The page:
Yom Hazikaron / Yom Haatzmaut

Yom HaZikaron (Memorial Day) 5776

Today is Yom HaZikaron, Israel’s Memorial Day, although a better translation for zikaron would be “memory.” We remember those who made the ultimate sacrifice, giving their lives for their country.

On my run this morning I ran past a memorial to the soldiers who died defending my neighborhood in 1967.

I always have to let that sink in a little bit. These soldiers didn’t die in some foreign country such as Korea, Vietnam, Afghanistan, or Iraq. They didn’t die defending my country’s “strategic interests,” such as oil or stopping the spread of Communism. They died defending my neighborhood from an invading army that would have killed and/or driven out the people living here. The battle for Armon Hanatziv (East Talpiot) was a crucial turning point in the war, and the Jordanians were driven out from their outposts around the southern side of Jerusalem.

Most Americans don’t live in a place where there ever was a battle for their neighborhood. For those living in the east, where the Revolutionary War was found, the battles for the neighborhood took place well over 200 years ago. Ancient history. The battle for my neighborhood, on the other hand, took place in my lifetime.

Many of the soldiers killed were 19 years old. About 8 years older than I was at the time. I was thinking about those lives cut short as I continued my run after paying my respects at the monument. Everything I’ve done over the last 49 years – loves gained and lost, careers, children, grandchildren, learning, traveling, enjoying life, food, friends, so much that we take for granted – they never had the chance to experience.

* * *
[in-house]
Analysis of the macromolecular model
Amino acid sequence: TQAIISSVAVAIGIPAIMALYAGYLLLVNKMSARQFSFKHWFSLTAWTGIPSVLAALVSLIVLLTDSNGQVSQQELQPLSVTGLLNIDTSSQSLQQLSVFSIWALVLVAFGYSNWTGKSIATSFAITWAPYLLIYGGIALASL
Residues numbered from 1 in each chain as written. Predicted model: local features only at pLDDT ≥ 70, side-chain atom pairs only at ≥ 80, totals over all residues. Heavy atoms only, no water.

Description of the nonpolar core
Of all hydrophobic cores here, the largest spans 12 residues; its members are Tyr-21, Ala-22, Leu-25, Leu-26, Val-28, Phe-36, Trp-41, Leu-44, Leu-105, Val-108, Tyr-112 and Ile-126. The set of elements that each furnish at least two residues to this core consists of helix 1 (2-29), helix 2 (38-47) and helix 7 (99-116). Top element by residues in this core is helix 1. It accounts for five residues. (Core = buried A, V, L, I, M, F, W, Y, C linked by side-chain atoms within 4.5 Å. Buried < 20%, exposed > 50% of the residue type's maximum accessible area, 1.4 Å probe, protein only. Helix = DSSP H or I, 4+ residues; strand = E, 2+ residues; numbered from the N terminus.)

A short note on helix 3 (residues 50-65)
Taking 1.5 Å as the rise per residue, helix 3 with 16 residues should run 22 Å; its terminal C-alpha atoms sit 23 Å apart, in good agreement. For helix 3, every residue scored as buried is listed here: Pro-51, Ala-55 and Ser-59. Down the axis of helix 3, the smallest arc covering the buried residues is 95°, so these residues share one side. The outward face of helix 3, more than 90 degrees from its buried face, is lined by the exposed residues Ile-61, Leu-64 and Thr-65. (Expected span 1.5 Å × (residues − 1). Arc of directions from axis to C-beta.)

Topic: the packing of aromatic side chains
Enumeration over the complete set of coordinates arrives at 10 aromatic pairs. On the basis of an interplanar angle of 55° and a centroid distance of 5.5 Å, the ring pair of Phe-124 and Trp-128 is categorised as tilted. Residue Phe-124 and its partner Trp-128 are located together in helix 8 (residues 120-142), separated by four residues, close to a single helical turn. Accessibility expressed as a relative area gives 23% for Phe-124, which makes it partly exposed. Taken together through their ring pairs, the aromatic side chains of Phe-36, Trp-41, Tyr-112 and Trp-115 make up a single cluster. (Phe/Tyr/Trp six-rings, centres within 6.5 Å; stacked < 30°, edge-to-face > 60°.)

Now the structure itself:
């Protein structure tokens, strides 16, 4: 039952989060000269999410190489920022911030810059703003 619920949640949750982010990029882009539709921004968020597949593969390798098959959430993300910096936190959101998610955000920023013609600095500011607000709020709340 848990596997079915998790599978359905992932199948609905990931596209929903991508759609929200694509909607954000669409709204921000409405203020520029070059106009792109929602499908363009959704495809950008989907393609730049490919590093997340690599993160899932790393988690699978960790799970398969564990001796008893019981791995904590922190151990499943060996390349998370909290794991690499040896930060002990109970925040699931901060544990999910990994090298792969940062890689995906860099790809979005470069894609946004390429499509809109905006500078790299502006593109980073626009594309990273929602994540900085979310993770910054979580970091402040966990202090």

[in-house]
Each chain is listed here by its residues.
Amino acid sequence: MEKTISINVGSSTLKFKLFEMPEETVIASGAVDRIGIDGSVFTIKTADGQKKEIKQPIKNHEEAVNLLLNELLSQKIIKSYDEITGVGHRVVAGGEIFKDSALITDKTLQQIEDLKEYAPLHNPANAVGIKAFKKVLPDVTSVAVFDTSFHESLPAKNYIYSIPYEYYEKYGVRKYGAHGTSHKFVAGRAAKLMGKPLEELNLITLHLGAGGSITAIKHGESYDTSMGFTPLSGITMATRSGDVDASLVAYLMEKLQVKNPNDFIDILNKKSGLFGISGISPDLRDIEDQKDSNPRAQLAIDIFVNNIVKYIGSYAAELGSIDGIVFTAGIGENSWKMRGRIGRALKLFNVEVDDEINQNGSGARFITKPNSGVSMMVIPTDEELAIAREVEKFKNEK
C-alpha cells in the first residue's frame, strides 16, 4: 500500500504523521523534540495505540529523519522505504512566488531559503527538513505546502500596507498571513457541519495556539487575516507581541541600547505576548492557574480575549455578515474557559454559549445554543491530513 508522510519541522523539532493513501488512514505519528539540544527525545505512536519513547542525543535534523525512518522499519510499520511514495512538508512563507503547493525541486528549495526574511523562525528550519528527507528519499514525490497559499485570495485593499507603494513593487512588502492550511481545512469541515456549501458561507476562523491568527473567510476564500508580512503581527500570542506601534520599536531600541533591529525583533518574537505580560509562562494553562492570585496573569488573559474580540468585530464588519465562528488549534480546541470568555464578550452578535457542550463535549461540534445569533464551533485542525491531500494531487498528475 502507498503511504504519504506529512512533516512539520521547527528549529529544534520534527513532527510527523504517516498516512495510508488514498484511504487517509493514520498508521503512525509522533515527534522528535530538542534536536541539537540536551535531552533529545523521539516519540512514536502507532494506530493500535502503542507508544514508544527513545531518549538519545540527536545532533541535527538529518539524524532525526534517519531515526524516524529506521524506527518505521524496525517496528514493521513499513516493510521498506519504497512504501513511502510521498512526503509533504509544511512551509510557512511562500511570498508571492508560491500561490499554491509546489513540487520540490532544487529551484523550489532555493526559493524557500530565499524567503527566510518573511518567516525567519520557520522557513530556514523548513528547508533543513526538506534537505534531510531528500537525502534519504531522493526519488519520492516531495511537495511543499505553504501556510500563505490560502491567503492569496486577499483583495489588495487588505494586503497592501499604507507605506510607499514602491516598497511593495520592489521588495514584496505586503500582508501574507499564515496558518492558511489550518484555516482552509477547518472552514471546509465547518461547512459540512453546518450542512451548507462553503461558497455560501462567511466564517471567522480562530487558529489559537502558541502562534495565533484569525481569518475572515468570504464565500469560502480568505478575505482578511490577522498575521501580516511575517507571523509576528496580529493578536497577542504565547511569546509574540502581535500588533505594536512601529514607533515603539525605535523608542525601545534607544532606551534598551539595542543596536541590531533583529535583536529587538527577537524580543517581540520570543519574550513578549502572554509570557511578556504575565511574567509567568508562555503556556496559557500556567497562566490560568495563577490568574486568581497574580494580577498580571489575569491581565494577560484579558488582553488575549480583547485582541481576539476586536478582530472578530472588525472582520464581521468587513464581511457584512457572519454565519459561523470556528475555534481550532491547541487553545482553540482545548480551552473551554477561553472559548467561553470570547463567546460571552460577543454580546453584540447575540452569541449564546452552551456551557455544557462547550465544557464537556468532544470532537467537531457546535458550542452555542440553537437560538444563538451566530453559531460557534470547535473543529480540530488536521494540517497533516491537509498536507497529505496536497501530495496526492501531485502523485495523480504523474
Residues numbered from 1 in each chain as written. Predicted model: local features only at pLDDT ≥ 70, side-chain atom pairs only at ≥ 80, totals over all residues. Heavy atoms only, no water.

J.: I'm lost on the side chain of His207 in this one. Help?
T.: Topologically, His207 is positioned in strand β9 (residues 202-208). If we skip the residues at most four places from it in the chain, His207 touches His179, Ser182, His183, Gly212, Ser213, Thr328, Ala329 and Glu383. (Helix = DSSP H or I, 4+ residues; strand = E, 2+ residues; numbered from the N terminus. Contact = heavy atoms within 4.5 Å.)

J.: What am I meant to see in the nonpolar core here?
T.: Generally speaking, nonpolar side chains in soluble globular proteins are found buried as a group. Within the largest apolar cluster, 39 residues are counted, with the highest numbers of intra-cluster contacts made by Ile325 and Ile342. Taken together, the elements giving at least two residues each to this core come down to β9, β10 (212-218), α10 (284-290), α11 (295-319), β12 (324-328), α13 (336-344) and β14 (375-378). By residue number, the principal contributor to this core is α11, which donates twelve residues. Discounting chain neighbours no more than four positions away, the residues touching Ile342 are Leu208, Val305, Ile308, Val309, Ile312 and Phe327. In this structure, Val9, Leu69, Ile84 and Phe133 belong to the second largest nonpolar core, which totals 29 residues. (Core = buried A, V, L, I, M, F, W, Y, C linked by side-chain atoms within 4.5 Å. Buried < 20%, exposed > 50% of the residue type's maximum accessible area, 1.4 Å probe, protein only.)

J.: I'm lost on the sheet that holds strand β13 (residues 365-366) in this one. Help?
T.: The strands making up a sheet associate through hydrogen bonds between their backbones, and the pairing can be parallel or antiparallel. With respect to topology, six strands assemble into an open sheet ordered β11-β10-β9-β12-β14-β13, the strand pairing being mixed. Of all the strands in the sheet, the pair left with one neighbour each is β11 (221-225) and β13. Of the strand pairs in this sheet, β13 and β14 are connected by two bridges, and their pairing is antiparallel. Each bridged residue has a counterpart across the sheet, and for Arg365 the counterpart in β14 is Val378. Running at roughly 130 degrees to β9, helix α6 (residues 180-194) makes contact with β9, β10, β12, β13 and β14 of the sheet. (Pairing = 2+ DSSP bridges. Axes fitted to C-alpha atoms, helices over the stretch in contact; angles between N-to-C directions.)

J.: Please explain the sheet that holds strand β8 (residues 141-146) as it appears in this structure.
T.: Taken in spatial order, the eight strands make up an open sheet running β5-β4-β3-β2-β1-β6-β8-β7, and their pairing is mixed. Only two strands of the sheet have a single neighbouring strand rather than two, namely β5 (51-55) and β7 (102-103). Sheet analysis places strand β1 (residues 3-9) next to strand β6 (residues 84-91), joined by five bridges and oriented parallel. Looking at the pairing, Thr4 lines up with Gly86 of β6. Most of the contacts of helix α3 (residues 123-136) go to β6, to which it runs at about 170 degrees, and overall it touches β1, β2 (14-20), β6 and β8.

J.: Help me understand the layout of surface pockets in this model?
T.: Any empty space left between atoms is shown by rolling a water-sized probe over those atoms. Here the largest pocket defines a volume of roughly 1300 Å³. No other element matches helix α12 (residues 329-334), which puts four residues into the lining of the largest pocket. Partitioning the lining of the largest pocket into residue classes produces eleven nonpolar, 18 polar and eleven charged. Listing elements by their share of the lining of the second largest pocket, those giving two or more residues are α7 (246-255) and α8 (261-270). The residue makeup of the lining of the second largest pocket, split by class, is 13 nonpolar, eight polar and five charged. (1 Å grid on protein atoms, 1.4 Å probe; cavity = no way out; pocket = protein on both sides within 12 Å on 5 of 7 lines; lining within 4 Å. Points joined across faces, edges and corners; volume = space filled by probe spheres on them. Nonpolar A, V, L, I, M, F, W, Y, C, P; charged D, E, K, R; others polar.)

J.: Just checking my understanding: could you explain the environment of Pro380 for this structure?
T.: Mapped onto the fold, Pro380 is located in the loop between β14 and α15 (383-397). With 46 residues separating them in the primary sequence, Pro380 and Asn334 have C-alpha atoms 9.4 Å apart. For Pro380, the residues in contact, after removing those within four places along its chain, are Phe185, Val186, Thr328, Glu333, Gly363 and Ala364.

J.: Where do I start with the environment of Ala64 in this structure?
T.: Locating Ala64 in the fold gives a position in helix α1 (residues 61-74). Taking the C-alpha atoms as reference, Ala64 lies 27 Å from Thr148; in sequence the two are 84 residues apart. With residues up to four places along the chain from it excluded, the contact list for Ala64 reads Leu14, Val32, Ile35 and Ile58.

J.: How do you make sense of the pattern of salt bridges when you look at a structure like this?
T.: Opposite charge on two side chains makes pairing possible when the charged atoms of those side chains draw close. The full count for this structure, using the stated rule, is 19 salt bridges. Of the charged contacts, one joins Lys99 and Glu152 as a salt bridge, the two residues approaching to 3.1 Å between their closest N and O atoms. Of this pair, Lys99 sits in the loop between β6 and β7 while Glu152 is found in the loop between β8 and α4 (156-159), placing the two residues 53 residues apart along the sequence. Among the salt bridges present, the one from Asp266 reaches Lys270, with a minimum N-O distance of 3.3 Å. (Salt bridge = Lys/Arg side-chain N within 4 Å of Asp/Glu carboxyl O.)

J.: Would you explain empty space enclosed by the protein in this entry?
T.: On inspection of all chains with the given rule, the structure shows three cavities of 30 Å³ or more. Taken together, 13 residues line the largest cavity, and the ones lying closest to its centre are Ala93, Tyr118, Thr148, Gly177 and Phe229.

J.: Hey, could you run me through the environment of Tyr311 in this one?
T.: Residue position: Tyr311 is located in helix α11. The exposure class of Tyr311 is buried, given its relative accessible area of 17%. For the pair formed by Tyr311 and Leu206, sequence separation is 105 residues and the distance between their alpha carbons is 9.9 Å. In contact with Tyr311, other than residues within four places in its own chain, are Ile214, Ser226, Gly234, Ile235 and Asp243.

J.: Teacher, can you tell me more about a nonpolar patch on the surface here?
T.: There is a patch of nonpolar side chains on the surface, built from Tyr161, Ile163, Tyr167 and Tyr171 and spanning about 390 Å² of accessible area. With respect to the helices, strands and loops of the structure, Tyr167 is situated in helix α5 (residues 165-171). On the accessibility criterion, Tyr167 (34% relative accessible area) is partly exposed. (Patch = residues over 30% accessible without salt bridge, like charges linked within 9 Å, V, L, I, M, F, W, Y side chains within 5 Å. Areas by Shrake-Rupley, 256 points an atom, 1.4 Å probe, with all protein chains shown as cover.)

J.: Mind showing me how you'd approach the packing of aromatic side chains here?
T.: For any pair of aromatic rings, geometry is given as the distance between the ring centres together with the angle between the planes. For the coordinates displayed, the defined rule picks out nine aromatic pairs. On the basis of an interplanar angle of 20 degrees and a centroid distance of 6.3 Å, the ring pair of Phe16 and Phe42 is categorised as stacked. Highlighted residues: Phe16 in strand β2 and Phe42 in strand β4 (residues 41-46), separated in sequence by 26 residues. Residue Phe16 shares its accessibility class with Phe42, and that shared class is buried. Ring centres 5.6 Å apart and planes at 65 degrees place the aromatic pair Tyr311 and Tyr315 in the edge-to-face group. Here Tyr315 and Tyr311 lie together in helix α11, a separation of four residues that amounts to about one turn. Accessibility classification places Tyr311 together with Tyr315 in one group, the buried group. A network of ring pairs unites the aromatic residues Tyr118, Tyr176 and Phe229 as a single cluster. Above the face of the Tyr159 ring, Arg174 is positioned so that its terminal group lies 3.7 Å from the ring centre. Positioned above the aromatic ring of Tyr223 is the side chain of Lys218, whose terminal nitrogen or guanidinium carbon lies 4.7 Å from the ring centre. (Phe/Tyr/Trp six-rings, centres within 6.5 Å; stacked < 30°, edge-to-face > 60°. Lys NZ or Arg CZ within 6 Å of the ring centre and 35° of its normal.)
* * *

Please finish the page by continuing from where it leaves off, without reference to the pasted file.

The Talmud teaches that someone who kills a person destroys a world, and that’s so true. We’re all at the center of our own little world. Very few people live alone their entire lives. If you’re married you’ve created a small two-person world, and that world is destroyed if one person is killed. All the children and grandchildren those men killed that day would have had have never come into being…more worlds destroyed.

And we’re still having skirmishes in the battle for my neighborhood. Yesterday a terrorist from the adjoining Arab neighborhood of Jabel Mukaber stabbed two elderly women not 200 yards from the monument to those soldiers killed 49 years ago. Thank God they weren’t killed. But what kind of coward would stab elderly women out for some exercise? I often run in that area. There’s an old age home filled with Russian émigré pensioners nearby. Most mornings I see small groups of elderly Russian women out taking some morning exercise on that path. I’ve probably run past the women who were stabbed.

The path, ironically, goes right by the UN Headquarters for the region. The UN, which is supposed to be a symbol of peace, of international cooperation, brotherhood and good will.

So today we remember the fallen. But tonight the day will turn from Yom HaZikaron to Yom HaAtzmaut, from Memorial Day to Independence Day, and we’ll put aside our sadness and fire up the barbecues and celebrate the 68th year of the sovereign state of Israel, the reason those young soldiers gave their lives, to protect the citizens of this amazing little country. My home.

Barry Leff

Rabbi Barry (Baruch) Leff is a dual Israeli-American business executive, teacher, speaker and writer who divides his time between Israel and the US.

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